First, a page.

To get started building brand awareness it’s important to know how much you currently have. If you’re a new brand or if you’re launching in a new market, then you’ll be starting from scratch. But if your business has been around a little while (or even a long while) you will already have a level of brand awareness.
There are a number of things you can look at to get an indication of how high your current brand awareness is. These include:
- Your mailing list – how many people have signed up to receive communications from you.
- Your social media – how many people follow you on social networks like Facebook and Instagram.
- Your website hits – how many unique visitors you get to your site each month.
- Your search data – how many people search for your brand name in Google and other search engines.
- Social listening – how many people are talking about your brand online.
How to measure brand awareness
While the data sources listed above are all useful proxies for brand awareness, there’s no substitute for asking consumers directly and getting hard and fast figures. The easiest way to do this is using a self-service consumer survey platform, such as Attest. To get up and running quickly, check out our brand awareness survey template.
With just a few questions, you’ll be able to obtain vital brand awareness metrics including:
- Unprompted brand awareness – the number of people who name your brand when asked to think about your product or service category.
- Prompted brand awareness – the number of people who say they’ve heard of your brand when presented a list.
- Level of brand awareness – the number of people who can correctly identify your product offering or key brand attributes.
Thanks to simple demographic filters, you’ll be able to ask questions directly to your target audience. This is important because you might only be interested in a select group of consumers, for example, parents to young children or dog owners.
By taking baseline measurements, you’ll be able to accurately measure your brand awareness growth. You’ll also be able to set targets for that growth, for example, increasing prompted brand awareness among your target audience from 20% to 40%. But how do you go about increasing brand awareness?…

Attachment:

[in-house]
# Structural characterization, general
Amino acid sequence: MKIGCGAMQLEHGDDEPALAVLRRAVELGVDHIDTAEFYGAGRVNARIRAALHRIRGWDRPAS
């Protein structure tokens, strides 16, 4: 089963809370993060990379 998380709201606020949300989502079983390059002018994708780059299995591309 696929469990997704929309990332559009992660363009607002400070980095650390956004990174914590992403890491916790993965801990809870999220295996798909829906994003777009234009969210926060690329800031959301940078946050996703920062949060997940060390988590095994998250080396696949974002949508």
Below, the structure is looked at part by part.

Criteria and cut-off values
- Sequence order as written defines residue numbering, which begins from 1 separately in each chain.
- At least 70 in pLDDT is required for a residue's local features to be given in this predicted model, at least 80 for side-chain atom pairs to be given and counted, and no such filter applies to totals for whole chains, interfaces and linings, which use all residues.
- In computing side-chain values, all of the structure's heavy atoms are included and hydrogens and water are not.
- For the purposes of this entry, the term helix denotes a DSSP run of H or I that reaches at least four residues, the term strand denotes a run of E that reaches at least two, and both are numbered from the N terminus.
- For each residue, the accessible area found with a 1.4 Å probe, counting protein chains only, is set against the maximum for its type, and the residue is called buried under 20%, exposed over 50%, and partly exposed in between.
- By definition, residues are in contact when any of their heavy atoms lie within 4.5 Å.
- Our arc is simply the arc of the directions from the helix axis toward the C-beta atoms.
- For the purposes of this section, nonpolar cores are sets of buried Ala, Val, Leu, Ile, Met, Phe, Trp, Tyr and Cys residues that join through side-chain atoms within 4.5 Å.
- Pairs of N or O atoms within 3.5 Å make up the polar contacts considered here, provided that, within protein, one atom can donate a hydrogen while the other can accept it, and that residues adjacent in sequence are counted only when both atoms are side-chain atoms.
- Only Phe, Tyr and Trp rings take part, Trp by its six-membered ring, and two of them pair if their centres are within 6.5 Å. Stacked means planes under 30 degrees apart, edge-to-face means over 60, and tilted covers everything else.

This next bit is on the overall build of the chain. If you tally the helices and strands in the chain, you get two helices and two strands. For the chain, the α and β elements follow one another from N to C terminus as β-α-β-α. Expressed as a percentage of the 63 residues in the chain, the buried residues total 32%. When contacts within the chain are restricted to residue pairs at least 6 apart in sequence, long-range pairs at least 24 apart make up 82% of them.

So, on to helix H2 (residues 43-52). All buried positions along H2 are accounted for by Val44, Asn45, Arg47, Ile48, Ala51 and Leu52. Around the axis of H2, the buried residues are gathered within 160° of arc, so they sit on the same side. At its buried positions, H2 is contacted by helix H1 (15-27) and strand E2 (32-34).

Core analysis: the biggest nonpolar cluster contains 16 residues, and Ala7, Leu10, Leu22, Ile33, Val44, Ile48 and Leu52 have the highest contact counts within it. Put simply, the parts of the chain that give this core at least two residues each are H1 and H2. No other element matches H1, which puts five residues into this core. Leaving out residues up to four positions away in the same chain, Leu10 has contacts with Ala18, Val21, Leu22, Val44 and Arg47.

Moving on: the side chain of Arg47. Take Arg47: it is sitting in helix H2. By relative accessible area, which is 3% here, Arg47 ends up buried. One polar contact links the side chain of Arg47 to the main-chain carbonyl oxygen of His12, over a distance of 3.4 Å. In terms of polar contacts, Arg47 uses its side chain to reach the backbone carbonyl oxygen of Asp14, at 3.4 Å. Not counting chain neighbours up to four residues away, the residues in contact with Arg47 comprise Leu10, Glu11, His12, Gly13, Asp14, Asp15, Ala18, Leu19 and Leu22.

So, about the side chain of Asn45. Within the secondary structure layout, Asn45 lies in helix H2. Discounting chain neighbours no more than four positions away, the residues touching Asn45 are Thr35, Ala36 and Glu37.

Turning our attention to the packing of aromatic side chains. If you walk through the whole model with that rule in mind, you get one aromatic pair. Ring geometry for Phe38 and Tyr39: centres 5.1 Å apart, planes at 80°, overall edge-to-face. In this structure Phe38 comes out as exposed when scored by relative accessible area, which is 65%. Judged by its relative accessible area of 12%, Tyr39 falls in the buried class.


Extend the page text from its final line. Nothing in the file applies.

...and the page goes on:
How to increase brand awareness
If you want to get known, it’s important to put yourself out there. But it’s not just about slapping your logo all over the place – it’s also about educating the market about what you stand for and building a positive brand image. There are three core pillars to building great brand awareness:
- Marketing – leveraging paid and non-paid marketing opportunities to expose your brand to your target audience.
- Messaging – developing a strong value proposition to communicate to your target audience.
- Nurturing – delivering on your brand promise and incentivising customers to promote your brand to their network through word-of-mouth marketing.
If you don’t have all three of these pillars in place, your efforts are likely to fall flat. After all, if you don’t tell people why they should buy your brand or you give them poor service when they do, you won’t be able to benefit from long-term organic growth in brand awareness.
Once you have defined your brand message – and you know which people you want to go after, in which market – you can start planning a brand awareness campaign.
What is a brand awareness campaign?
A brand awareness campaign is a marketing campaign designed to familiarise consumers with a new product or service, or an existing one that is not well-known (for example, when a brand launches in a new country).
As well as introducing the product or service, a brand awareness campaign aims to communicate the values that differentiate it from the competition. It differs from a traditional marketing campaign in that its success won’t be judged on a sales uplift (although that might factor into it). The main aim is to increase knowledge about the brand and its products within the target audience – and there are various ways to measure its performance, which we’ll look at shortly.